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MA17 - New Methods to Improve Lung Cancer Patients Outcomes (ID 918)
- Event: WCLC 2018
- Type: Mini Oral Abstract Session
- Track: Nursing and Allied Professionals
- Presentations: 1
- Coordinates: 9/25/2018, 13:30 - 15:00, Room 205 AC
MA17.09 - Remote Symptom Reporting for Tele-Nursing Team in Thoracic Oncology Clinics: Environmental Scan and Stakeholder Engagement (ID 12226)
14:30 - 14:35 | Author(s): Jennifer Harris
50+% of cancer-related toxicities are under-reported. A real-time Remote (i.e., at-home) Symptom Reporting (RSR) system could help patients seek help when symptoms exceed thresholds, mitigating unplanned clinic/emergency room visits. A RSR system for solid-tumor patients undergoing chemotherapy is associated with improved health-related quality of life and survival (Basch et al, 2017). Adapting RSR into the thoracic cancer clinic environment requires assessments of potential implementation barriers, and tailoring of the RSR-system.a9ded1e5ce5d75814730bb4caaf49419 Method
Over a five month period, we performed an environmental scan to determine readiness of RSR implementation in our comprehensive thoracic oncology outpatient clinic. A qualitative assessment of potential RSR integration into the telephone triage environment was performed through one-on-one interviews and focus groups, followed by thematic analysis. Discussions were held with multiple stakeholders; key implementation champions were identified. We utilized the Canadian Institutes of Health Research Knowledge-to-Action Framework, Steps 2-4 as our guide.4c3880bb027f159e801041b1021e88e8 Result
In the environmental scan, 125 telephone triage calls were logged over randomly-chosen days in a 6-week period. The mean ± SEM call duration was 5.4 ± 0.62 minutes. Mean time until response was 44.4 ± 3.8 minutes. Nurses spent on average 2.7 ± 0.2 minutes documenting into the electronic-patient-record. The mean duration from initial contact to completion was 24.1 ± 4.5 minutes. Resolution of the triage calls involved telephone advice alone (87%; n=109), unplanned clinic visits (6%; n=8), and emergency visits (6%; n=7).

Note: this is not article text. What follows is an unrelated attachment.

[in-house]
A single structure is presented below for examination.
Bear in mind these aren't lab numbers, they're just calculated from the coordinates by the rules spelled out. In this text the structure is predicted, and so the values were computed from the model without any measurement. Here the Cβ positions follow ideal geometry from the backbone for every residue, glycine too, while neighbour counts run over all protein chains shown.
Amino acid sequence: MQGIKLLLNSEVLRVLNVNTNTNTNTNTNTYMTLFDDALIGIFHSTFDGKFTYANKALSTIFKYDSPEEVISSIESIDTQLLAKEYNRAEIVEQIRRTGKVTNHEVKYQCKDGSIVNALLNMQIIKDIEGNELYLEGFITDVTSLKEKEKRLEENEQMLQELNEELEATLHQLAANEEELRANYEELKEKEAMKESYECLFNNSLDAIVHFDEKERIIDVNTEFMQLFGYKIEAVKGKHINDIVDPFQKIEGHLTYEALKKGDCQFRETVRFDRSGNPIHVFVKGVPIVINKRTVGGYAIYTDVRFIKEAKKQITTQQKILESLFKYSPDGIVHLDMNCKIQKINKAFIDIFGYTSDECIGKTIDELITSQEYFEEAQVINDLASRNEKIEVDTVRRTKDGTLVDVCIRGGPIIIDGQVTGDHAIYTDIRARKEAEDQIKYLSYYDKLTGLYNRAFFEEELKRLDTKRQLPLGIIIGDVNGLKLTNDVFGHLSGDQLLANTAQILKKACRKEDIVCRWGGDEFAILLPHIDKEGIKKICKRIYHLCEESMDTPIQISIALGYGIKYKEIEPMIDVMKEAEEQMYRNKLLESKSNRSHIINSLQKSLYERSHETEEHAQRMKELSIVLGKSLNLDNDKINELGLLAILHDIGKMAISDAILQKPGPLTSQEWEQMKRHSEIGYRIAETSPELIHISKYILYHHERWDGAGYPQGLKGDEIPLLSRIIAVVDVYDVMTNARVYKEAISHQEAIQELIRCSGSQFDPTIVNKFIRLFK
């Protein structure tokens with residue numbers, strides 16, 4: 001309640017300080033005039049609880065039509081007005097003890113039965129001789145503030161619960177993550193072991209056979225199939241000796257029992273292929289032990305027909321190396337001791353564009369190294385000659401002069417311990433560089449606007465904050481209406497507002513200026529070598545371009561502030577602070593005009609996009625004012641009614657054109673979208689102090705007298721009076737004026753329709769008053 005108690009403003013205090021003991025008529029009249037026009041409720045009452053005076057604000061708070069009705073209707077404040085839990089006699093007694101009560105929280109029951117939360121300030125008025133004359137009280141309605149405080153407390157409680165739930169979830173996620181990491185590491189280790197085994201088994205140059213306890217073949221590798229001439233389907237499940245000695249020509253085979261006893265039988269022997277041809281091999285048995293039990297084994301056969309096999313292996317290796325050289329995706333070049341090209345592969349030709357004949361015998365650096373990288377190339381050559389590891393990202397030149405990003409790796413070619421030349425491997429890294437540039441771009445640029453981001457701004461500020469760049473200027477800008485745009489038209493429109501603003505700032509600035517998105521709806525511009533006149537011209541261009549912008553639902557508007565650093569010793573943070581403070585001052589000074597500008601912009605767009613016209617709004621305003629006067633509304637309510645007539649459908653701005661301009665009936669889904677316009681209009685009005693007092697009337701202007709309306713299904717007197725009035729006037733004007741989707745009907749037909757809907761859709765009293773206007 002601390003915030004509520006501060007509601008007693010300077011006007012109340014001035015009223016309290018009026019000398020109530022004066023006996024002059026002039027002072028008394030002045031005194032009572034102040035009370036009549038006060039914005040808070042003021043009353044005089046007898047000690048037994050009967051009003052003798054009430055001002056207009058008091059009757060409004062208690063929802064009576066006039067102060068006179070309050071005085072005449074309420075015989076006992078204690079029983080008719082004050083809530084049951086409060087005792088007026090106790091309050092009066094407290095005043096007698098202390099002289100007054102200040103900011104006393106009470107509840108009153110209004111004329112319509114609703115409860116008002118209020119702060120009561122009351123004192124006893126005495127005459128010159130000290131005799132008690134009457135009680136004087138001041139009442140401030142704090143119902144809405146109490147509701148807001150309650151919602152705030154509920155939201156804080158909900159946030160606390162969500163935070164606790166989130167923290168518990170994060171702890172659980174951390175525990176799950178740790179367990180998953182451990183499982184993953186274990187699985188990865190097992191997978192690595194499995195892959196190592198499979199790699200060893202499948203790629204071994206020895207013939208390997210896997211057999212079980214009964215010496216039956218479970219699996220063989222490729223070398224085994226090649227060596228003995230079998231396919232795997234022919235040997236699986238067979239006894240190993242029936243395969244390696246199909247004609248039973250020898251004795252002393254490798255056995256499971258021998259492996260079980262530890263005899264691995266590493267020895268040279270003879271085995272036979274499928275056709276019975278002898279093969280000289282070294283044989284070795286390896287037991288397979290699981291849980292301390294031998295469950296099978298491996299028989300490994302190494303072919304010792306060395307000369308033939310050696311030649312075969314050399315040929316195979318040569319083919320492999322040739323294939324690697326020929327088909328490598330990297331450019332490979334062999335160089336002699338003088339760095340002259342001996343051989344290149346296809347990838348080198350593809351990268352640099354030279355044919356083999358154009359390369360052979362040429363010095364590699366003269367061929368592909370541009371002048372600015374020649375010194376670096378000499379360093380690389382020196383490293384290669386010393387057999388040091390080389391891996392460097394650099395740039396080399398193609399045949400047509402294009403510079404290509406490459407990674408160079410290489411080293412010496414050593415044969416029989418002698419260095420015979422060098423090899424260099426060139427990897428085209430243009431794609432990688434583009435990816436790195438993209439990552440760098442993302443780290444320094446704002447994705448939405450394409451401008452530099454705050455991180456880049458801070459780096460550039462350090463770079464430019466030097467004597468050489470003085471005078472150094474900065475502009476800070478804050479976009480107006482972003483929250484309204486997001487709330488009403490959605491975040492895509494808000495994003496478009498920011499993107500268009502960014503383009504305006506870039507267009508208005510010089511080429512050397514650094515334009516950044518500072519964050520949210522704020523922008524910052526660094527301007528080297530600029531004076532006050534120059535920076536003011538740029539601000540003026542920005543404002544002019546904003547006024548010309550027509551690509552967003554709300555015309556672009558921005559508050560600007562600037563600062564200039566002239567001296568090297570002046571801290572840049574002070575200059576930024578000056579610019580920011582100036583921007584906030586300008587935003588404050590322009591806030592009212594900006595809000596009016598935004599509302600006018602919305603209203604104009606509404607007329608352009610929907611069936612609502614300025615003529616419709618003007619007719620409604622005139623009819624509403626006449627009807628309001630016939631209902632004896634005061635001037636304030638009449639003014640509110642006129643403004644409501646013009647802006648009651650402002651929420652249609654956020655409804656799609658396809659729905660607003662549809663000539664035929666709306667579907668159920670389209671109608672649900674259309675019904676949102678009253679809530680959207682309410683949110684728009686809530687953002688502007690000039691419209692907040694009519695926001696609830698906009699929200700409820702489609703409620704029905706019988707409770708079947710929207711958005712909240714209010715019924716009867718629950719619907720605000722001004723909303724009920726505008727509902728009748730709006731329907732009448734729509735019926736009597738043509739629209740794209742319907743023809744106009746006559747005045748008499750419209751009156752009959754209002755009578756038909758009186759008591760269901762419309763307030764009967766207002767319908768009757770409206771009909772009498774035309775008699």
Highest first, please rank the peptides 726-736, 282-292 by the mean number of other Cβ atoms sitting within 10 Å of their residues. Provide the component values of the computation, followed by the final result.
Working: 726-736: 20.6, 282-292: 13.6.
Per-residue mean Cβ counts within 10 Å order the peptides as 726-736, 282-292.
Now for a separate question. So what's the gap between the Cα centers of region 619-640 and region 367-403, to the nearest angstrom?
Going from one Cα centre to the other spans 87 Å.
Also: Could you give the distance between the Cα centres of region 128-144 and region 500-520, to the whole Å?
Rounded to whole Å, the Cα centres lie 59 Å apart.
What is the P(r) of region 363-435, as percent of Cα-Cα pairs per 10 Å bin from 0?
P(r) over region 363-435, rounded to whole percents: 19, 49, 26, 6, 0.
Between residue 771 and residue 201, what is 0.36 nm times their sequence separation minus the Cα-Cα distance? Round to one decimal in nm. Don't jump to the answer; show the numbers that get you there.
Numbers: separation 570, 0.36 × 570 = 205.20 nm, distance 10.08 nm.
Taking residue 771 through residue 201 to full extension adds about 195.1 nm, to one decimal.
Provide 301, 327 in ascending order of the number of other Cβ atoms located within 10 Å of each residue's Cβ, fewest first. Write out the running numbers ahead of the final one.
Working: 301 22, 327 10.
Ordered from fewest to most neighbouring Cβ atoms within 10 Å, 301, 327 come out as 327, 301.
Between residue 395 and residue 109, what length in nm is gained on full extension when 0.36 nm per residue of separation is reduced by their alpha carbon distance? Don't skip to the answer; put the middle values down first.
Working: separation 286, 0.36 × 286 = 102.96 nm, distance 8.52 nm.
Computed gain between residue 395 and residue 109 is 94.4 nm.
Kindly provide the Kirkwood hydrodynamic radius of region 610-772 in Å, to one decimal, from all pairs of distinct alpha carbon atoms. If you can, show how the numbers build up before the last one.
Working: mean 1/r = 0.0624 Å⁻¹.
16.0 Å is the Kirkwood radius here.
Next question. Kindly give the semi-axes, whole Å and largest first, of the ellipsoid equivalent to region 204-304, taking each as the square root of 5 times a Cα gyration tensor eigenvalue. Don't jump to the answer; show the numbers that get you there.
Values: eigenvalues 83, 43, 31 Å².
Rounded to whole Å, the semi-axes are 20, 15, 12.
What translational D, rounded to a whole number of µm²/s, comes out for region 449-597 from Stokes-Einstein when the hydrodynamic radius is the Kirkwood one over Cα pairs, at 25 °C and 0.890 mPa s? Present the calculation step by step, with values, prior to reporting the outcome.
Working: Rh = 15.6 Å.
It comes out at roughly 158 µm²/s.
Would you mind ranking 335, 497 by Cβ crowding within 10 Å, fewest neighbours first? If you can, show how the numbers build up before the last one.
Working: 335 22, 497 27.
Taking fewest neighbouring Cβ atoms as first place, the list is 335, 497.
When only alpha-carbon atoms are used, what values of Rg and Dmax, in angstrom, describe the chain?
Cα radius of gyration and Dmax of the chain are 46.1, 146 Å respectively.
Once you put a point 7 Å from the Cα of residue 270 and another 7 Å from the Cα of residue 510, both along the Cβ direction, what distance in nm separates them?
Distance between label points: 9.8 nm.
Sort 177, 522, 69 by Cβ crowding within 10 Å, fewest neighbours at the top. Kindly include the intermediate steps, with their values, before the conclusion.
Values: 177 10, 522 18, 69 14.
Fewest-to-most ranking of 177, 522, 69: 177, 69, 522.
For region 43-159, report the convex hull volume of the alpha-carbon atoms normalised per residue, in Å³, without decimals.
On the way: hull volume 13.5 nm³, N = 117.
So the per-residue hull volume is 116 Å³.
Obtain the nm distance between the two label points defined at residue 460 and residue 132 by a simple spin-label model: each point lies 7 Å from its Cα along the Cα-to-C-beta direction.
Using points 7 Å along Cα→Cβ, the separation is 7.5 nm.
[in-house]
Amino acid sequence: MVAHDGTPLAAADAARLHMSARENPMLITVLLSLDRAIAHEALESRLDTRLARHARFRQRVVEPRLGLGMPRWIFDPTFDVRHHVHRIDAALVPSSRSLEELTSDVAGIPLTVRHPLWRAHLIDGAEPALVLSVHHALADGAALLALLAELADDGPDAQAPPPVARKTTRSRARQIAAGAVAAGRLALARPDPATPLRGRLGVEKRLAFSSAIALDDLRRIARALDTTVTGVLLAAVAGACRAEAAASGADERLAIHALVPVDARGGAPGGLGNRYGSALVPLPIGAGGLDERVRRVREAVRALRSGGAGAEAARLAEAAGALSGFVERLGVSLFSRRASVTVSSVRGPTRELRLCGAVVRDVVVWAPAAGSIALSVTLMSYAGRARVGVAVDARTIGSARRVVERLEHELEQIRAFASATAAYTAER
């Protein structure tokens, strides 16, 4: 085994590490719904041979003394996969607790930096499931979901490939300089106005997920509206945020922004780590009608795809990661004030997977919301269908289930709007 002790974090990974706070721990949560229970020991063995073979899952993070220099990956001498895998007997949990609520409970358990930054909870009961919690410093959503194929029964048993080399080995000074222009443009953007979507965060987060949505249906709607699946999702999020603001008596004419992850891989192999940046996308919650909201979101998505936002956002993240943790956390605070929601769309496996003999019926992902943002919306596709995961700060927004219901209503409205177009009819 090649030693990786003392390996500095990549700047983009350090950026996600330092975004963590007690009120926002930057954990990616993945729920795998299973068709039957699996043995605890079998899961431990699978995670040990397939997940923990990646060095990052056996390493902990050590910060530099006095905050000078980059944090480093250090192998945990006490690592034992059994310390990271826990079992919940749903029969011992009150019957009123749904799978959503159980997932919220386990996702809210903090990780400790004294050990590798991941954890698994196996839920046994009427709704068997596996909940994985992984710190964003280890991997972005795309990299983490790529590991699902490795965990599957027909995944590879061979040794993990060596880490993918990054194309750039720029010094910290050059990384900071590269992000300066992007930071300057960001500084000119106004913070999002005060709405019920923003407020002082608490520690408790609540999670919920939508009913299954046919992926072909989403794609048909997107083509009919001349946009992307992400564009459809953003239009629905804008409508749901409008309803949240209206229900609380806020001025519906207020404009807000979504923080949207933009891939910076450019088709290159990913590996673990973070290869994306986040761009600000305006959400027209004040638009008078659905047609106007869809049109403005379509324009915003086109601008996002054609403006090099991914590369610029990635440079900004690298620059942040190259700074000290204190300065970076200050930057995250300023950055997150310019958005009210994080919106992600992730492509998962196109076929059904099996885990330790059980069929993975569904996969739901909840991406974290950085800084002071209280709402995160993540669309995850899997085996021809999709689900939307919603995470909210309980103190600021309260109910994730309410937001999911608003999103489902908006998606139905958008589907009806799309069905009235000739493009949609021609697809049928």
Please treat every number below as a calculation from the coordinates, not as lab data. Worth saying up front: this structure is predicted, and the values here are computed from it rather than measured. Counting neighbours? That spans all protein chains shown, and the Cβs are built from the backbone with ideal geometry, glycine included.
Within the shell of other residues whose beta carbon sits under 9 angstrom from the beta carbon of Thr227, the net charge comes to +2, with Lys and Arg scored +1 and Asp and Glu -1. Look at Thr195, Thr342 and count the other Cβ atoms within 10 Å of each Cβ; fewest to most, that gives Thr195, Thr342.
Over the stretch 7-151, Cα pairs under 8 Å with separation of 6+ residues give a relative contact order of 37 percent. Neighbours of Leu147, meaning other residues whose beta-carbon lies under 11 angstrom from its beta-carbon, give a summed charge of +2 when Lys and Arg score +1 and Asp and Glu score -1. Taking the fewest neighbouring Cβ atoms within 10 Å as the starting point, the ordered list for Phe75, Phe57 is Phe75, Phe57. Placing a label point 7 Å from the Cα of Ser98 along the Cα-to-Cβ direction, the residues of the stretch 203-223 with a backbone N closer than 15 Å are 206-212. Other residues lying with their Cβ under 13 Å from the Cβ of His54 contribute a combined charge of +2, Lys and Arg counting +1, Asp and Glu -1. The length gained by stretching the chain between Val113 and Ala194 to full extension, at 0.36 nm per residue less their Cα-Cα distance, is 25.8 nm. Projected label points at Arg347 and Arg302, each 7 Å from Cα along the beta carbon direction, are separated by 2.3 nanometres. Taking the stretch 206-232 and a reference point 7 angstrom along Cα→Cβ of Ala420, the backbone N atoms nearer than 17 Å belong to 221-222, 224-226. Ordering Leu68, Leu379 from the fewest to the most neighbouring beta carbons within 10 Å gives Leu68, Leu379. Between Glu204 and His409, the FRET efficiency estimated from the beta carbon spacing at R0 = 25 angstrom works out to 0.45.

In the qualitative analyses, top stakeholder-identified issues were: lack of assessment standardization; wasted time transcribing paper triage notes to electronic records; and a high patient/family burden in terms on understanding when to seek help. There was universal interest in adopting a RSR system from administrative assistants, nursing administration, clinic nurses, physicians and trainees. Perceived benefits of RSR were: standardized, focused telephone assessments; tailored symptom assessments in the thoracic setting (i.e., dyspnea, coughing, hemoptysis); patient empowerment; and improved efficiency in patient contact, intra-team communication, and documentation. Key stakeholder RSR features were: a phone/web application that assesses symptom severity and indicates when to contact the triage team; one-touch feature to reach team; longitudinal symptom trend display for tele-nursing team; and embedding of the COSTaRS framework to facilitate tele-nursing interventions and documentation.8eea62084ca7e541d918e823422bd82e Conclusion
Integration of a RSR system integration was perceived favorably by stakeholders to increase nursing efficiency and improve health related patient outcomes, but success hinges on an identified set of key requirements.6f8b794f3246b0c1e1780bb4d4d5dc53
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